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Hatches; mayflies, caddis, stoneflies. Fly fishers wait for them, vacations are planned around them, and flies are purchased just for them. (For that we are grateful.) Their story is well documented in our world; larva, pupae, emergers, duns, spinners, rinse repeat; as timeless as the seasons.
Amid the focus and the glory of the hatch though is another source of food for trout. Born outside of water, together they make up a group we call terrestrials.
- Beetles are a great source of protein for trout, and they are found everywhere.
Terrestrials are available from the spring start of traditional trout season to the bitter end. They are, however, unpredictable the caddis hatches that you can set your watch to. Ant ‘falls’ are notorious for being prevalent one day and mysteriously absent the next. But ant falls are often accompanied by the most zealous trout frenzy you are likely to encounter: fearless trout devouring ants trapped in the surface film. The same thing can be said for beetles. While it is rare to see a predominance of beetles on the water, it appears to observant anglers that they are a trout favorite. Beetles can be fished any time as there seems to be enough of them to keep trout interested. They are a great nutritious meal and either that or their taste keeps them in the fishing game year around. When fish are swirling and you cannot interest them with mayflies, caddis or stones, a beetle is just the ticket to entice a strike. Even submerged beetles are eaten with reckless abandon.
- Ants have a propensity to fall into lakes and rivers.
When most people think of terrestrials, the first one that comes to mind are grasshoppers. Hoppers are obvious to spot, and it is easy becomes excited by their presence. Or maybe we hearken back to days of catching them on the school yard during recess. Whatever the reason, hoppers are exciting. There are many species of hoppers. Some are excellent fliers and therefore supply little food to trout. Others are clumsy though; a little wind and overhanging brush can make them a steady food source for downstream trout. Plus, as the weather cools, they become even more sluggish and easier prey.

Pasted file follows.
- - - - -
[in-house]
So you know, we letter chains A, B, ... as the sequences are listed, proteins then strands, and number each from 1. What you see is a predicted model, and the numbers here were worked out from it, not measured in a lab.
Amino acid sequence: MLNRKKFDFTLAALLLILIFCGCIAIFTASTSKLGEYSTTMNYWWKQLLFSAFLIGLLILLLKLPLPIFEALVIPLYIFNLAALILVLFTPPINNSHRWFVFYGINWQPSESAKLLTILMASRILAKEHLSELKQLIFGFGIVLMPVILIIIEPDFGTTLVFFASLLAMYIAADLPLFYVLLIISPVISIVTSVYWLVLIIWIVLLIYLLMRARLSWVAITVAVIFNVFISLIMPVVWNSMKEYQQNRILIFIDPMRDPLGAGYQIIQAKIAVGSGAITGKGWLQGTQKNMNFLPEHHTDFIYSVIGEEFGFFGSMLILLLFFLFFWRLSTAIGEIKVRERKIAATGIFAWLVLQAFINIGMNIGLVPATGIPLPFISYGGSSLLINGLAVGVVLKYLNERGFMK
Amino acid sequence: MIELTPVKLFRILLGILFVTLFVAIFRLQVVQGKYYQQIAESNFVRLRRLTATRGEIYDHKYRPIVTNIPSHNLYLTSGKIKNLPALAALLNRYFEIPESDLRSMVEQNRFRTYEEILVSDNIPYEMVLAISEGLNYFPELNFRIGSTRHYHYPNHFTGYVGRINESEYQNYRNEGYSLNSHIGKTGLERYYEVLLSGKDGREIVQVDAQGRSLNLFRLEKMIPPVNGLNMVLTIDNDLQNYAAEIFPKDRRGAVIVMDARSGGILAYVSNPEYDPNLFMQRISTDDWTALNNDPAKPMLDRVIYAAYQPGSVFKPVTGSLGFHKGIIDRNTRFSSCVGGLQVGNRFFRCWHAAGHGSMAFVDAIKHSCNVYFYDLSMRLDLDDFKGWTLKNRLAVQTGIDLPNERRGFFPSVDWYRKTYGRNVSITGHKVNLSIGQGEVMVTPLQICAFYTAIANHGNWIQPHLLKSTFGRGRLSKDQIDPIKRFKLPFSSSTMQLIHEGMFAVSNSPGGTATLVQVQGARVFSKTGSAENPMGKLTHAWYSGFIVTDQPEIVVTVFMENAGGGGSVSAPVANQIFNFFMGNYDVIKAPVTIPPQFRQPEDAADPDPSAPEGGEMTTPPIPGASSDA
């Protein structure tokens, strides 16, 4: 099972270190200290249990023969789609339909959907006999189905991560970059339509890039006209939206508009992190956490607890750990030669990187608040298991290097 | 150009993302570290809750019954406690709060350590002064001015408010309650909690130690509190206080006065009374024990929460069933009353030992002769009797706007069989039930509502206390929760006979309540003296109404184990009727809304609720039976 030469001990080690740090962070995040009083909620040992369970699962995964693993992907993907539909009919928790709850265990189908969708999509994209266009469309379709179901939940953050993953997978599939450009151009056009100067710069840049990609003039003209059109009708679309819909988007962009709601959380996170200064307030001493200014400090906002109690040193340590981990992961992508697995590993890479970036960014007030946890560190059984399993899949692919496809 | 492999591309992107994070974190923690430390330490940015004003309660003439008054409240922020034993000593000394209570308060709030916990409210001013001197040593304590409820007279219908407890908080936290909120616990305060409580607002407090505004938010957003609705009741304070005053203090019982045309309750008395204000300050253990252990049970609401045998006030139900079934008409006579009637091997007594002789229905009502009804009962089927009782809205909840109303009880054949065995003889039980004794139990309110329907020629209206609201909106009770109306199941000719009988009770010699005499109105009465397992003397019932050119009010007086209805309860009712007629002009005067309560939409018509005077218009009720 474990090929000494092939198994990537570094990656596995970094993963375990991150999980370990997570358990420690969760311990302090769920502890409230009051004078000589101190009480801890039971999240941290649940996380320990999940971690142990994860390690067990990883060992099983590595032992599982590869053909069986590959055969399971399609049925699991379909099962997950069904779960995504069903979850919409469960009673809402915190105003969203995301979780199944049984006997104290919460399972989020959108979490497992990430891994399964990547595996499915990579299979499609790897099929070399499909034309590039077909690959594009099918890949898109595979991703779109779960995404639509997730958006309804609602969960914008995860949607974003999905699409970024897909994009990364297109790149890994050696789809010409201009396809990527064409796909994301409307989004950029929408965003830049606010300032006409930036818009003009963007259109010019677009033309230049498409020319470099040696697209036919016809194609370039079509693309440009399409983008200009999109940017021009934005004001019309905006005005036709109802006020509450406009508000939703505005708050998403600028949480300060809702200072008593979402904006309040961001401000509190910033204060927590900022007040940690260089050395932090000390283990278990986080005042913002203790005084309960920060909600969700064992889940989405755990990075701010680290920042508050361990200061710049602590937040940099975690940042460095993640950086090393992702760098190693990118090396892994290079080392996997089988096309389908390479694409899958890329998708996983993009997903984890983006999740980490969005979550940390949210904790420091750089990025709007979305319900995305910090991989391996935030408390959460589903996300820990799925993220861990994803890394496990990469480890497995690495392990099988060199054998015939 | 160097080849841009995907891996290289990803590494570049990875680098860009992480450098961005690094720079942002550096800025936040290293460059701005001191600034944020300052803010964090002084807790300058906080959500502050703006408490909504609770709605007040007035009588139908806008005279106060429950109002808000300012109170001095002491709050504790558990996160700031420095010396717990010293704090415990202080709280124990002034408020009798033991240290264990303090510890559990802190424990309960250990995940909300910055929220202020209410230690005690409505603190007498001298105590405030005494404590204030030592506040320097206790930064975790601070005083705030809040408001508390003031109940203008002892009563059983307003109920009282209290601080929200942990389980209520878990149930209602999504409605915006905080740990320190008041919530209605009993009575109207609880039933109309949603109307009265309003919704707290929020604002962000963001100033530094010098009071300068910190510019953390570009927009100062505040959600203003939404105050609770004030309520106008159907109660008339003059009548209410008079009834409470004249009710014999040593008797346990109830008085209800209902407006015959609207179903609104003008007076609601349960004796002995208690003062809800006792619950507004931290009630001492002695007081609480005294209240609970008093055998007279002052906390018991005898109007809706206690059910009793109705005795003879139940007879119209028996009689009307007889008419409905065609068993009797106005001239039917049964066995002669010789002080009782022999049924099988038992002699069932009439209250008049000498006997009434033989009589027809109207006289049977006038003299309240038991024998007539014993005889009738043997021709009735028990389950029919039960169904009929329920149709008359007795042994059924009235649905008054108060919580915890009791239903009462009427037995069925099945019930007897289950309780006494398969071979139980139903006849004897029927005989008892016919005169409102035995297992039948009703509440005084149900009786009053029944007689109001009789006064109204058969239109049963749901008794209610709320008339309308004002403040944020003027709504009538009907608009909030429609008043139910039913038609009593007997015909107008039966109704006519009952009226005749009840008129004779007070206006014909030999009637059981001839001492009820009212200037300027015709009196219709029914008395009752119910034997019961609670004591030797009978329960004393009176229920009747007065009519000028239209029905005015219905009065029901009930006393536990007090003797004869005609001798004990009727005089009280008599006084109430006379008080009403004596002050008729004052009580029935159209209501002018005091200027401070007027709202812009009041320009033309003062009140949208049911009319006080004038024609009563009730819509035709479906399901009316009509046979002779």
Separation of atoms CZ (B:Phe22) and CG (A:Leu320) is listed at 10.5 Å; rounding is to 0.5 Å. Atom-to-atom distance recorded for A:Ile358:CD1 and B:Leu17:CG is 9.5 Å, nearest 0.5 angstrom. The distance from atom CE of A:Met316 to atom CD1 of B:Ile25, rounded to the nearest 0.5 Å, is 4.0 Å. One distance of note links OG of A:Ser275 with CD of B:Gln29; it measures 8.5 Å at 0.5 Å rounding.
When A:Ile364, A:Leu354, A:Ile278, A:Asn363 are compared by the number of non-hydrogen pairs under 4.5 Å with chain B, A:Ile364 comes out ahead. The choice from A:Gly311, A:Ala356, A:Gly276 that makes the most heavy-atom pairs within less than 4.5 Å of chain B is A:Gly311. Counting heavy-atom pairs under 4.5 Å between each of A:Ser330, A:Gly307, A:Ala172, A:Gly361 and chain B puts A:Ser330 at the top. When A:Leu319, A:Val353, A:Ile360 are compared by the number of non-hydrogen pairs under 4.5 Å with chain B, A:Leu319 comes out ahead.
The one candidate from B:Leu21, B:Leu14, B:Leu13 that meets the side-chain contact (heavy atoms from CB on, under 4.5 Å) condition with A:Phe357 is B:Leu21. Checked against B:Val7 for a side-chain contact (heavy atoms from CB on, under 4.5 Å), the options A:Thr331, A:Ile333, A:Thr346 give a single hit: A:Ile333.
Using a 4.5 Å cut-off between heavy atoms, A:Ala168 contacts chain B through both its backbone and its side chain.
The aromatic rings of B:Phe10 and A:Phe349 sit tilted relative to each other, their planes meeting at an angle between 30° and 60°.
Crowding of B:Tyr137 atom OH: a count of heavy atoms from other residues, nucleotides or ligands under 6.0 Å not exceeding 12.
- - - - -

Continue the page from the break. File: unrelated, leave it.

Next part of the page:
- Trout look for grasshoppers for two to three months every year.
- Crickets are an overlooked and underfished insect.
Crickets and Cicadas often find the same fate as their hopper and beetle brethren. Their numbers are often peaking early in the summer when fish are just getting into the zone and looking for as much food as they can get as they shrug off the last of their slower winter metabolism. Cicadas are definitely more regional than hoppers, ants and beetles. Many locations do not have populations of these tasty treats, as they prefer deciduous, hardwood forests of the midwest and eastern US over the evergreens that cover much of the west.
- Cicadas swarms can be massive, and the trout know that. (photo: www.troutnut.com)
Crickets are found just about everywhere that we fish in the US, but often in smaller numbers than we'd like to see to stoke our confidence. Although you may not see them, you can often hear their chirp, and if you can hear the chirping of crickets, and you are on the river, chances are good that you can have success with a cricket pattern. It is a great alternative when you show up on that trip expecting a salmonfly hatch and it just isn't there.
Make sure that you have a couple of each of the terrestrials in your box.... and use them! Many anglers never try them and then wonder why fishing wasn't as good as it should have been!